Saturday, 23 March 2013

Match Battalion - devlog #1

I finally got around to putting a decent amount of thought into what I'm calling the 'actual' build of our Fuck This Jam game. I promised myself I'd try and cover what I'm doing, if for no other reason than it's a good incentive to keep myself going. As you can tell by the title, we've tentatively chosen to call it 'Match Battalion'.

There's already a rough playable version that we made during the jam, so this post kinda sums up where we want it to go. We changed a few things, and made a few things! This will be a new build though, as of course we were up and against an insane-o-deadline last time around.

This project is what I'd definitely call a slow-burner anyway, the Fuck This Jam contest was absolutely ages ago. I'm fully expecting to drop in and out of this build, especially given that at the time of writing my wife is three days overdue with our first child... small windows of opportunity will be the way to go, I think. I don't want to mothball it entirely though: I always like having a side project on the go, and this one isn't for anyone (or for any money) so I'm happy to take it easy. Disclaimer: eagle-eyed readers will see this is the second project-kick-off post I've put up - the other game got stuck on hiatus for a while but will exist one day, honest.

Concept:
The idea for the game itself is pretty nailed-down at this point, it's basically a match-three puzzler crossed with a turn-based strategy game. The basic premise is that two armies fill the board (these are just sketches, it'll look nice in the end):


Players get a set number of moves per turn (as opposed to taking it in turns with each move). Movement is performed like a puzzler, and trying to move onto a square occupied by the enemy makes them fight. Obviously certain units are better against certain others, and the terrain the units are on will affect the outcome too. If the enemy unit is defeated, the winning unit moves in, followed by all the units behind them:


You'll also have units in reserve, off the board, so a big part of the strategy will be making sure you introduce units onto the play field correctly:


Units that are adjacent are classed as squads, and will be a bit more powerful, so it'll be advantageous to keep units together and think ahead a little. Similarly, breaking up enemy units so that you can fight the weaker individual units separately will be a solid strategy.

To win, either eradicate the other team, or take out their powerful commander unit.

There are no other mechanics really, we want this to be pretty streamlined and easy to figure out.

Code:
Just to mention briefly, I made the decision to ditch Flash Builder entirely, at least for my personal work, meaning that this game build will be the test bed for my switch the IntelliJ Idea. I hate so much about Eclipse-based IDE's, but the pricetag of 'free' usually stops me whining too much. However, FlashBuilder has taken a free IDE, made it more bloated and crashy, and stuck a giant pricetag on it. Sorry Adobe, I love your products, but I'm out.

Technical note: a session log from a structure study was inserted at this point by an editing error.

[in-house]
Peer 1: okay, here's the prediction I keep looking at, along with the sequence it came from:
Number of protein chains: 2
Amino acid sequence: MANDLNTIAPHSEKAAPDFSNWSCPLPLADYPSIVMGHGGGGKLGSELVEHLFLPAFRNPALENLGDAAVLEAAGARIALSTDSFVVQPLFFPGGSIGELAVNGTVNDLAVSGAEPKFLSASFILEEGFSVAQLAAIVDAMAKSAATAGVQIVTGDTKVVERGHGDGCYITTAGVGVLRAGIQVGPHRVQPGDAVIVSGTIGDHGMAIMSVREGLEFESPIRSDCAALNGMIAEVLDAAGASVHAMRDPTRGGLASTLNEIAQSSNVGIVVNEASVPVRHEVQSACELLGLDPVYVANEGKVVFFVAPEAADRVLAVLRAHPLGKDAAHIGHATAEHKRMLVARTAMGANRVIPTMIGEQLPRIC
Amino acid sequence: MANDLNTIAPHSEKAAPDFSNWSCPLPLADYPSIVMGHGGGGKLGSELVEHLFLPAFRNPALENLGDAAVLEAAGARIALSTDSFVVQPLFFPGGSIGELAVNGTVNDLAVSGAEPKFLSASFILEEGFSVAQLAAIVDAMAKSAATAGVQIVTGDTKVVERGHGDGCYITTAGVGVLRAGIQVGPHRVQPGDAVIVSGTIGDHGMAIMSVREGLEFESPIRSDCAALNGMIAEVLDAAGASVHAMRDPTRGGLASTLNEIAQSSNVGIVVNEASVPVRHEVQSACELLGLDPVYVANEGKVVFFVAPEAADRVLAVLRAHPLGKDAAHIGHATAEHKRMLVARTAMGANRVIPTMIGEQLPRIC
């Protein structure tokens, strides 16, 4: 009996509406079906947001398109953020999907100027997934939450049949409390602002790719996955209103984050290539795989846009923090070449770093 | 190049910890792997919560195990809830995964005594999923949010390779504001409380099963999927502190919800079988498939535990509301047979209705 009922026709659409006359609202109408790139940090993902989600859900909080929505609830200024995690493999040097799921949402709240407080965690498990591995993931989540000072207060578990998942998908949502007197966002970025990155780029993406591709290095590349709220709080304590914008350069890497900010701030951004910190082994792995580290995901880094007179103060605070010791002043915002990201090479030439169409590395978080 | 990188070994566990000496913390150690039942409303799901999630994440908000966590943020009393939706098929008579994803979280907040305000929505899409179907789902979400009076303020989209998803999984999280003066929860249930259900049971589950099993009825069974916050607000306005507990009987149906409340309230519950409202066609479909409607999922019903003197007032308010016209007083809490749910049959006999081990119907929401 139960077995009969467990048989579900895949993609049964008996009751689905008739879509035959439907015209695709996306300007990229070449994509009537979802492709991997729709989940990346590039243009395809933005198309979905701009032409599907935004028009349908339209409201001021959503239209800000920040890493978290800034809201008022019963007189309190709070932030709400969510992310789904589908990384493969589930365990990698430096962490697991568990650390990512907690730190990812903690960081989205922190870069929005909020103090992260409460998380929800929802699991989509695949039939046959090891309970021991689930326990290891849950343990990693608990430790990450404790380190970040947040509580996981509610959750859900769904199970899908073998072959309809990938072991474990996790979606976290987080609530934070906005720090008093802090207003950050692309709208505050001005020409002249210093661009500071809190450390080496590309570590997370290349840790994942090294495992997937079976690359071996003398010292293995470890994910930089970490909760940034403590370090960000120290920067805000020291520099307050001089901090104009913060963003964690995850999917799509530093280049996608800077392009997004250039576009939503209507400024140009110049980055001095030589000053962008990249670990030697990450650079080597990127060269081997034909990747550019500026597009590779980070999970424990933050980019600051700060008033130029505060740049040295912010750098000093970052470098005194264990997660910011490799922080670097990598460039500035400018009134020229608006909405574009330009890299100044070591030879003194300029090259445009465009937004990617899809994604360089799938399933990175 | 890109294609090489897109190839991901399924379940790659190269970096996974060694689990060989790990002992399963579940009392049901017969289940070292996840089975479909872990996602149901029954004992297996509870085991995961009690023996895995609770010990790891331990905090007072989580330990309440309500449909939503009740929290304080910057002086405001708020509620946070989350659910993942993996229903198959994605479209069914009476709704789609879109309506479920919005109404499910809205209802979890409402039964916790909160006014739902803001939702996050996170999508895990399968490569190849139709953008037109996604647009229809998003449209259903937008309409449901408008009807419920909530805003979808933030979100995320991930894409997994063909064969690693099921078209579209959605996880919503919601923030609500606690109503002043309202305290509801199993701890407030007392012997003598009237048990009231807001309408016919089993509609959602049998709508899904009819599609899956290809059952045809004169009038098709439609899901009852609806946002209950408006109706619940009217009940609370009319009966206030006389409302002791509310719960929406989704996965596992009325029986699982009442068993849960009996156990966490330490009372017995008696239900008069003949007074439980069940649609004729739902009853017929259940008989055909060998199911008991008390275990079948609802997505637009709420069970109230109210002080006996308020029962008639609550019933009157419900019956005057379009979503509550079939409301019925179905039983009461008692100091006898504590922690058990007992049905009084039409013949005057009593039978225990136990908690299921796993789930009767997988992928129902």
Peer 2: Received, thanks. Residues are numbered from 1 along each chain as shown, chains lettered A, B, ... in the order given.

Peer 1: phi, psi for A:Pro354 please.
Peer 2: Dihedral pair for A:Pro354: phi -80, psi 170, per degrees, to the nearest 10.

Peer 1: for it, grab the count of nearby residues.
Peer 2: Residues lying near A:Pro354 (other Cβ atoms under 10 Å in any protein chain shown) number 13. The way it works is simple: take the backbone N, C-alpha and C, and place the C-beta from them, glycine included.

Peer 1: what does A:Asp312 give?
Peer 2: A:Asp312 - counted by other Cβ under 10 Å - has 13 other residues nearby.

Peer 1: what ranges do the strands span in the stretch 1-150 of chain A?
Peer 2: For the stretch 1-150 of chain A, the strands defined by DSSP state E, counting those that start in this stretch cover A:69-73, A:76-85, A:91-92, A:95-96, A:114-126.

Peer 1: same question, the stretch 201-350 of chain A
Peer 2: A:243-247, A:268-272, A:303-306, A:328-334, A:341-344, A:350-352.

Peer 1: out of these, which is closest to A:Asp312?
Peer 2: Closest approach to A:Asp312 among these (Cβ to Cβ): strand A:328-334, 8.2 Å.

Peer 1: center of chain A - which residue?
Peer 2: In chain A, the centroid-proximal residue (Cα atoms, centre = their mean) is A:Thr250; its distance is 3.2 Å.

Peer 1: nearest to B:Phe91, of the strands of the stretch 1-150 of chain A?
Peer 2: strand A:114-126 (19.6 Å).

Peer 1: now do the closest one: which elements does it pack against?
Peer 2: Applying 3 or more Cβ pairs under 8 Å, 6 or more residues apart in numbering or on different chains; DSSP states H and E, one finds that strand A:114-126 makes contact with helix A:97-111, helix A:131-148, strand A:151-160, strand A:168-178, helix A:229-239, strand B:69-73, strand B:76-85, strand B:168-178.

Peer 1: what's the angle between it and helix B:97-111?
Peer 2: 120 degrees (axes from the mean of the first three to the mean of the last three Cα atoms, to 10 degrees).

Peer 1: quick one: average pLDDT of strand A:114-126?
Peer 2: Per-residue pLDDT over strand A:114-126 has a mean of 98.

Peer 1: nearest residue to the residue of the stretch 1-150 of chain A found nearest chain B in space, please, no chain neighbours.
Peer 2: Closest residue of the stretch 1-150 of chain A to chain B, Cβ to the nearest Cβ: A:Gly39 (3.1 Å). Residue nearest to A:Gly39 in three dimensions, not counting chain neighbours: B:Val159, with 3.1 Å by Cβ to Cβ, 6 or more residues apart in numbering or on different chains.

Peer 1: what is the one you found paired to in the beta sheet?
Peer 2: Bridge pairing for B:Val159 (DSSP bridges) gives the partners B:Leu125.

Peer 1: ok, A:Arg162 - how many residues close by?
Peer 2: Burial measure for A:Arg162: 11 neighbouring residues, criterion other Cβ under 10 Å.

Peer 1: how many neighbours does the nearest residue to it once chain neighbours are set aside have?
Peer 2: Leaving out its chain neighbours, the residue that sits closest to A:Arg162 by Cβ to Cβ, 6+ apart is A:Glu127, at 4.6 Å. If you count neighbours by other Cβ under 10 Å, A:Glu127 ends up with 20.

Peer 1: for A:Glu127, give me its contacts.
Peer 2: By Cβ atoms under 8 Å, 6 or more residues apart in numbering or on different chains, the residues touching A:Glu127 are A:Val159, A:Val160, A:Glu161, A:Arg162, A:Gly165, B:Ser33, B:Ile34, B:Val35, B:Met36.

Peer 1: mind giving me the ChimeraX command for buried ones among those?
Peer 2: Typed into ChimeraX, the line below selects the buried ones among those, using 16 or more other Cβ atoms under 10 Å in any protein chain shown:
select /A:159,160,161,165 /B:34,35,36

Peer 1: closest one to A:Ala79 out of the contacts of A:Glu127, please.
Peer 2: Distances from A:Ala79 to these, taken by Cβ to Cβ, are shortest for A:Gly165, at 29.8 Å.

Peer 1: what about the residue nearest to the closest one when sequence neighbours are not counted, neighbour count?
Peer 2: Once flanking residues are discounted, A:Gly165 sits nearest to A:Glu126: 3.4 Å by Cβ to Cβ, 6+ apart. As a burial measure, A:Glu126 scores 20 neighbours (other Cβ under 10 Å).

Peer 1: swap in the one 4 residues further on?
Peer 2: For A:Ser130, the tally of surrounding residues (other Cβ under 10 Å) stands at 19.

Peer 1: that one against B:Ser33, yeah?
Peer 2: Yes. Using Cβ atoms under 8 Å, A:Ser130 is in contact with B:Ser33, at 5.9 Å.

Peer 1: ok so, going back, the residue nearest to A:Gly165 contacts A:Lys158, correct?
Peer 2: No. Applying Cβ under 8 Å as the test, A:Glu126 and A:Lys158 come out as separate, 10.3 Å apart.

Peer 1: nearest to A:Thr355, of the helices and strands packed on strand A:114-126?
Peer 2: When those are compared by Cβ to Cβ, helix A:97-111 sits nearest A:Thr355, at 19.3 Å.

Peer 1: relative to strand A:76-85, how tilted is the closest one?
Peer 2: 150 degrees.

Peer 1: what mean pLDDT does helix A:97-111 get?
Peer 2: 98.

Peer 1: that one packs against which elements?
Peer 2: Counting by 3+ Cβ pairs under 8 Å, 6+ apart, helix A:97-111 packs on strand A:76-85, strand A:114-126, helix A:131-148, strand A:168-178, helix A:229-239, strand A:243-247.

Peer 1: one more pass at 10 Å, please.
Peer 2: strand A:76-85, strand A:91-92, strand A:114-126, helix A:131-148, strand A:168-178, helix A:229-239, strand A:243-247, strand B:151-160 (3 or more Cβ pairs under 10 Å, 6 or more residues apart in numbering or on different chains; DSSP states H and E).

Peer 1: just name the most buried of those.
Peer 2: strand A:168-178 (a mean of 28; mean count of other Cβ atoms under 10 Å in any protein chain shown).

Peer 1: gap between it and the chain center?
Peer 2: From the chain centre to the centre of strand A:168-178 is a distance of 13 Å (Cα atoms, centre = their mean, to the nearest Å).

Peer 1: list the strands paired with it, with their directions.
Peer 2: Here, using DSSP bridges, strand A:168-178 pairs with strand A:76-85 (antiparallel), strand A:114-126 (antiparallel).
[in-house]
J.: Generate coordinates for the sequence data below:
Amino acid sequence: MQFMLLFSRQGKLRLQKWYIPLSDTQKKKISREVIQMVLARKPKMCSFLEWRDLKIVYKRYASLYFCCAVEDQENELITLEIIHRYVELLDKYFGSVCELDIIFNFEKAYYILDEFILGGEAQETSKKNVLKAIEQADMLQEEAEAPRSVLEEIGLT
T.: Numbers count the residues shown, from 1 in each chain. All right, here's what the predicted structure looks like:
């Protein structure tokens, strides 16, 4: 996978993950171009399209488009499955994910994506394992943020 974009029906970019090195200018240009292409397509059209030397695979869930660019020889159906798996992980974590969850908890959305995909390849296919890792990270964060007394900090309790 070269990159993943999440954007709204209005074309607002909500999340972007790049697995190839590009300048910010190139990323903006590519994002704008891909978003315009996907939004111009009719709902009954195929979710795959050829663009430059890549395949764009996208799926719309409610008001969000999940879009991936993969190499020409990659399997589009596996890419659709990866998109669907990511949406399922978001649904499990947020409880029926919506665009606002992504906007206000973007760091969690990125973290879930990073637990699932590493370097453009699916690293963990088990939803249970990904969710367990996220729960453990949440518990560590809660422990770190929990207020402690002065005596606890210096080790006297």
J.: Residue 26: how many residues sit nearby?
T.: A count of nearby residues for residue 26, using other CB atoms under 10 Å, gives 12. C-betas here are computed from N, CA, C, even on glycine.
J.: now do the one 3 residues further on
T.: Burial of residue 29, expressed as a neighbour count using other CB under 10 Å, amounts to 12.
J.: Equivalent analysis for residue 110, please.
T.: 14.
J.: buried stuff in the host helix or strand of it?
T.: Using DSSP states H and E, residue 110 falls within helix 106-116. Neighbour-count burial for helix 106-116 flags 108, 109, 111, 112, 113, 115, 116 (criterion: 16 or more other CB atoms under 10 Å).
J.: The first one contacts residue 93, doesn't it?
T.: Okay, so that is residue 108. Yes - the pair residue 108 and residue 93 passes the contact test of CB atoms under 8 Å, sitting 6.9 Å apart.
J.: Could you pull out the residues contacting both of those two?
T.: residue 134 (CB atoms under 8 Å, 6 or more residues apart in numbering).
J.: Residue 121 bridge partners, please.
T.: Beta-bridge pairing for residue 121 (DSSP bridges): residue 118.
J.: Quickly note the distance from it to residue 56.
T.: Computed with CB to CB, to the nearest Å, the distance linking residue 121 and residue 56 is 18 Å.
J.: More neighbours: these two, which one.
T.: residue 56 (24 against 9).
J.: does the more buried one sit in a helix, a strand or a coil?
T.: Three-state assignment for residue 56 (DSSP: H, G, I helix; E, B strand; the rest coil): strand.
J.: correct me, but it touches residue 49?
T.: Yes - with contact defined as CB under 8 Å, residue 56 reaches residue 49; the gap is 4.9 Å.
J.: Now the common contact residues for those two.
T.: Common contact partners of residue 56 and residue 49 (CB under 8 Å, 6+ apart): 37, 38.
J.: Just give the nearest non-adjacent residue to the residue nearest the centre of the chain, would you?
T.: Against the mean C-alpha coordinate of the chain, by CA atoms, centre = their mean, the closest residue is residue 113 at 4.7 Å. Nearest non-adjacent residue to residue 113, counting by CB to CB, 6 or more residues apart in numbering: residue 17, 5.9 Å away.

Enter the new contender, IntelliJ Idea. I picked up a copy during JetBrain's End Of The World sale for about £35, and so far it's looking really, really good. It's taken me about an hour to get up and running with a test project compiling how I like it, and it seems very intuitive. I've not had to look anything up yet, which is a good sign. Once I'm into the build I might do a deeper comparison, but early signs are good.

Art:
My partner in crime Kieran finished up on tile and unit animations, and they're looking amazing as always. I'm using Starling to render, and was so impressed with TexturePacker's swf-to-spritesheet awesomeness I dropped money on a license. It's a fantastic little bit of software, the free version is pretty good on it's own too if you're interested. Here's our infantryman in spritesheet form (obviously there's an XML file that goes along with it, that TexturePacker takes care of nicely):


I put together a rough test with Starling just to gauge mobile performance, and I'm hugely impressed: I had a full map and 48 animated sprites running on my phone, 60fps with no issues (and my phone isn't that new either). The artwork stays crisp when it scales too, which I'm quite happy about.

I'm actually stopping work on the rendering/graphics now I know it works, as I'm more interested at the moment in getting something playable up and running as soon as possible: mechanics first, eye-candy second.

Next steps: I'm hoping I can get something playable up and running pretty quickly, using the old prototype code and sexifying it a bit. This is a personal project, but I'm determined not to let it get all horrible and messy if I can help it. Although, I've said that before....

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